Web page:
LAS VEGAS -- Light-heavyweight Quinton "Rampage" Jackson confirmed his elite status by shutting down Matt "The Hammer" Hamill's wrestling game and thoroughly outboxing him on Saturday.
Jackson won a unanimous decision against Hamill in the main event of UFC 130 in Las Vegas. It was the second consecutive win for Jackson, an former champion and No. 4 among light-heavyweights in the USA TODAY/SB Nation consensus rankings.
Hamill suffered his first loss in six fights.
He tried to set up his wrestling with a mix of low kicks and punches, but Jackson saw every takedown shot coming and stuffed them. Hamill went 0-for-16 on takedown attempts.
"I saw it as soon as I got in there with him," Jackson said. " I saw how far he was standing away from me. I could tell he was setting up to take me down. He had some great low leg kicks, and it made me not do exactly what I wanted to do. I wanted to throw some buffaloes on him. ... But he's a tough guy, so I couldn't do exactly what I wanted."
In the stand-up action, Jackson mixed up hooks to the body and head effectively, often countering after Hamill left himself open after missing his own punches. The cumulative pounding appeared to tire Hamill, who looked increasingly sluggish as the fight wore on.
As the fight slowed down in the final round, the crowd of more than 12,800 at the MGM Grand Garden Arena booed vociferously.
"Was the fight really that boring?" Jackson asked reporters as he left the arena.
Compustrike counted 57 power strikes for Jackson, compared to four for Hamill. Jackson, who has 14 knockout victories in his career, said he was trying to put Hamill to sleep but praised the latter's durability.
"Nobody's going to knock him out," Jackson said. "He's tough."
An aching hand might have affected Jackson's ability to land a knockout punch. Jackson held up his left hand during the post-fight press conference and described it as originally hurt in December while horsing around with a friend. It was reinjured while throwing a jab in training for the Hamill bout, Jackson said, adding that a doctor told him it was fractured.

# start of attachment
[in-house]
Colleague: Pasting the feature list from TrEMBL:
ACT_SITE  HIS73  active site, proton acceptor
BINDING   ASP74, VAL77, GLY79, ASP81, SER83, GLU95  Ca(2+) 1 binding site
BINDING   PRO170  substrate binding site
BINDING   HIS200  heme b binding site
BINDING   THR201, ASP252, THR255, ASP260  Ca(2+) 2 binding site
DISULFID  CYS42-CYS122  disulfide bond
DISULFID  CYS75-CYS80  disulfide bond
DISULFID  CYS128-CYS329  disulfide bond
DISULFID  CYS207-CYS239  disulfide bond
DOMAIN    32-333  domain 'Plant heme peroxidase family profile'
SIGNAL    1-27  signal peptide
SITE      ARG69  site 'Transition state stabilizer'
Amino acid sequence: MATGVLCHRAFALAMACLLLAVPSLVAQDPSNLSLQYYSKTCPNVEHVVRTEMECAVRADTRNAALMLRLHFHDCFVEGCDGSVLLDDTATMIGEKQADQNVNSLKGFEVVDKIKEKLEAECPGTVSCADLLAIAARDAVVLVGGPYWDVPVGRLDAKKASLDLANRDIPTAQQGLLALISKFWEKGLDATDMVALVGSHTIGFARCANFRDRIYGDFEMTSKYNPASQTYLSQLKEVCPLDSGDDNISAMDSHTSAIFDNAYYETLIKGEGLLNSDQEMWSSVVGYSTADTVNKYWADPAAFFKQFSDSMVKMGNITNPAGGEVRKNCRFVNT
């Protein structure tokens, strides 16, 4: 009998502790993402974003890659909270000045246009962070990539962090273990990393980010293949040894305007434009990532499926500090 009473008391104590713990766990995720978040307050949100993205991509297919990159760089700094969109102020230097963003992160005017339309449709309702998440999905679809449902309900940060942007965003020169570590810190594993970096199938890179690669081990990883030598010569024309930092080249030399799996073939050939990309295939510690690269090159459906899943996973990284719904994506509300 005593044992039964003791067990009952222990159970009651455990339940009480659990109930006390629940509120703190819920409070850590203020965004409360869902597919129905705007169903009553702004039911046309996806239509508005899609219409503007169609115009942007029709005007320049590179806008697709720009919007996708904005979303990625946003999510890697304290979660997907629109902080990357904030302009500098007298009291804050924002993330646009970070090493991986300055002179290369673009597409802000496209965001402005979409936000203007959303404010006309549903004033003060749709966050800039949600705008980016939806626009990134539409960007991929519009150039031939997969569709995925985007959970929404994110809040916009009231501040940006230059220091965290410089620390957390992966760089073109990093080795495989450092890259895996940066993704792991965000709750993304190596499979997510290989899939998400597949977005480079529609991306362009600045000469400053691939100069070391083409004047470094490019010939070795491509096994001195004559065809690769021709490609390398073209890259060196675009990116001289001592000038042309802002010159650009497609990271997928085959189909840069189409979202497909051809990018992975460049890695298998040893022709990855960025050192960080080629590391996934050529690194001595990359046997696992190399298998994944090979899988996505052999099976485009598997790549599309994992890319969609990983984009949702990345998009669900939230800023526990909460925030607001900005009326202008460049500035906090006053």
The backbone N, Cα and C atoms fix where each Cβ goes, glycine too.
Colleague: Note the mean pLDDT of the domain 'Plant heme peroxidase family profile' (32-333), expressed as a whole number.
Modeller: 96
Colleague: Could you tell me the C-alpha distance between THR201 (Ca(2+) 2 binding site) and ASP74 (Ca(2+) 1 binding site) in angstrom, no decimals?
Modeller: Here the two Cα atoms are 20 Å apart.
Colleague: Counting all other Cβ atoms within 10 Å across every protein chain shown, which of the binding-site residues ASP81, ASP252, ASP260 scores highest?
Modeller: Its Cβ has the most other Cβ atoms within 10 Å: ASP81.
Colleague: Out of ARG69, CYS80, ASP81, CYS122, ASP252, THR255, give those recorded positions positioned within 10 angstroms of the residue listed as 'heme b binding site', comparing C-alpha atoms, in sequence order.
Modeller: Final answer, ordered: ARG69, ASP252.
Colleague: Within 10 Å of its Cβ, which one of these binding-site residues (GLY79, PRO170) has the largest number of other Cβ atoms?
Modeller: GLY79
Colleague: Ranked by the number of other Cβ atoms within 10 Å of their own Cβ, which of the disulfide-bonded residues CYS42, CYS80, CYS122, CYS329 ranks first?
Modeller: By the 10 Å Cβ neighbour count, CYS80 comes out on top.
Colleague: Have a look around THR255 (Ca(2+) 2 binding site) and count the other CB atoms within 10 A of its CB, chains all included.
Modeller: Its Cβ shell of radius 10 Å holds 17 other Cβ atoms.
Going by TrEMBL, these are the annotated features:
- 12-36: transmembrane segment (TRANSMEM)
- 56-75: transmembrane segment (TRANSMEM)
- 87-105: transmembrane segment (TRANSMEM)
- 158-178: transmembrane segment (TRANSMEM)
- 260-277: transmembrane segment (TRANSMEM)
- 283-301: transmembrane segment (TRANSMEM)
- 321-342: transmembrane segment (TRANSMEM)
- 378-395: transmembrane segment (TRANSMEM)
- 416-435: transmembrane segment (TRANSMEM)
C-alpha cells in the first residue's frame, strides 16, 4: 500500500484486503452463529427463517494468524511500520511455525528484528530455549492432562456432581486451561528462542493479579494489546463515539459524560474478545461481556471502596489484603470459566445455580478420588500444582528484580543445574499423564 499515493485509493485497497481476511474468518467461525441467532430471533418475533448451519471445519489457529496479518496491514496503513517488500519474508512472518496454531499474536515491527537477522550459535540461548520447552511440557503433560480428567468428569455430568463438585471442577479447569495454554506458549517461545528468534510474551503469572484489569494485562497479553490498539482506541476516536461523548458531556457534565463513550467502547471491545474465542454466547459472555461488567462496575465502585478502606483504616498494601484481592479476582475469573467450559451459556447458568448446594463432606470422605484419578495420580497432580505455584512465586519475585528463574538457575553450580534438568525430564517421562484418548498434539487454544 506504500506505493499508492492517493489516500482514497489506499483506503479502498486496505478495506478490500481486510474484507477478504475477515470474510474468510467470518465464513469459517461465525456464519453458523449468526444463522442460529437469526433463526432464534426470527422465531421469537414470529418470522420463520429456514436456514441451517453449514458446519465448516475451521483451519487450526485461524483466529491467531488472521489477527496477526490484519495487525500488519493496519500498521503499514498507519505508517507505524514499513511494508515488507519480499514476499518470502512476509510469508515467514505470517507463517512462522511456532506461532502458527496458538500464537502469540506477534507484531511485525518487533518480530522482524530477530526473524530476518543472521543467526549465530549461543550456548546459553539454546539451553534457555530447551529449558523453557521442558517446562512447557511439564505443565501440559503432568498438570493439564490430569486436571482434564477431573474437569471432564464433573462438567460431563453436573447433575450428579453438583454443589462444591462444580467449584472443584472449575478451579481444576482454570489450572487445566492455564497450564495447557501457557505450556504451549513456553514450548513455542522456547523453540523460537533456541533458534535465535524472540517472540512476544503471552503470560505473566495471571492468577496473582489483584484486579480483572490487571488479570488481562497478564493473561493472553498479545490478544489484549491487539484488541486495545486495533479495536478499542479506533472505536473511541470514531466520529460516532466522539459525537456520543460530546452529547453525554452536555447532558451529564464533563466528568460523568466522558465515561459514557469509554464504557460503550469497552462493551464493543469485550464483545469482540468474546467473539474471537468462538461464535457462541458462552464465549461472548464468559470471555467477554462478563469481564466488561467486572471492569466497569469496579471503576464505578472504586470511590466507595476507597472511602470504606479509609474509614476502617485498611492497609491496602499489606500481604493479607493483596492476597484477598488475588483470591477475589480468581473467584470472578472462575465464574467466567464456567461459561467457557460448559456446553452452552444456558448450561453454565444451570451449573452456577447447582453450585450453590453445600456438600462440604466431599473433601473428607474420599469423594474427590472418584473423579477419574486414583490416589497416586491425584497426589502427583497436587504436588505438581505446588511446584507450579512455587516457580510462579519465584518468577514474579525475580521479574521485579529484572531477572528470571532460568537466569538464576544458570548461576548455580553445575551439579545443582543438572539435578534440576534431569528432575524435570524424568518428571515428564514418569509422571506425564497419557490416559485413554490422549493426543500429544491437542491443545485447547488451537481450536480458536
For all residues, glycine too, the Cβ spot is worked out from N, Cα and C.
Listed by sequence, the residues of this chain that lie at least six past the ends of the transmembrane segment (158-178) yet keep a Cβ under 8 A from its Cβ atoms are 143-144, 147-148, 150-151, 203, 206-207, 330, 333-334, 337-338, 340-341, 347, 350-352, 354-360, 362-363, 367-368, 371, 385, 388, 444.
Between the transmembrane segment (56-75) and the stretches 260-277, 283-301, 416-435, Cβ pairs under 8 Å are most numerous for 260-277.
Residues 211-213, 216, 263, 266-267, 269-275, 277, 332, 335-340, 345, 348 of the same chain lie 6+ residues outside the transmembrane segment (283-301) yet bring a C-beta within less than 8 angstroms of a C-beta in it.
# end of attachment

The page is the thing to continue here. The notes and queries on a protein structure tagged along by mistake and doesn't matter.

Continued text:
Jackson will have his hand re-examined on Tuesday, he said. At the moment, the middle finger is swollen, he said, as he brandished the digit to reporters.
If his hand isn't seriously injured, Jackson will get the next title fight with light-heavyweight champion Jon Jones, UFC President Dana White said.
An extended injury rehab for Jackson means either Lyoto "The Dragon" Machida or "Suga" Rashad Evans will be the first challenger for Jones, White added.
• Frank Mir bullied fellow heavyweight Roy "Big Country" Nelson for three rounds to win a unanimous decision in the co-main event.
• "All American" Brian Stann blasted consensus No. 8 middleweight Jorge Santiago with power punches for most of two rounds before stopping him with a technical knockout. It was Santiago's first fight in UFC since 2006. Officials later named the bout Fight of the Night, resulting in $70,000 bonuses for each fighter.
• Rick "Horror" Story won the biggest victory of his career with a unanimous decision over consensus No. 4 welterweight Thiago Alves.
• Also pulling off an upset was rapidly rising bantamweight Demetrious "Mighty Mouse" Johnson, who earned his second consecutive decision win against a legend of his weight class by beating former World Extreme Cagefighting champion Miguel Torres.
Johnson, who previously defeated Japanese icon Norifumi "Kid" Yamamoto, cited his stand-up striking and wrestling as the difference. Torres, who stayed busy with submission attempts, but never came close to finishing Johnson.
• Heavyweight Travis Browne knocked out 6-foot-11 Stefan "Skyscraper" Struve with 49 seconds left in the first round. Browne landed a superman punch as Struve leaped forward to throw a knee strike. The result won UFC's Knockout of the Night award, yielding an additional $70,000 for Browne.
During the fight, Struve's habit of attempting knee strikes after breaking away from a clinch became apparent, Browne said. As the bout progresssed, his corner yelled for Browne to watch for the knee strike and have a counterpunch ready, he said.
• Gleison Tibau won the $70,000 Submission of the Night award for his second-round rear-naked choke of Rafaello Oliveira.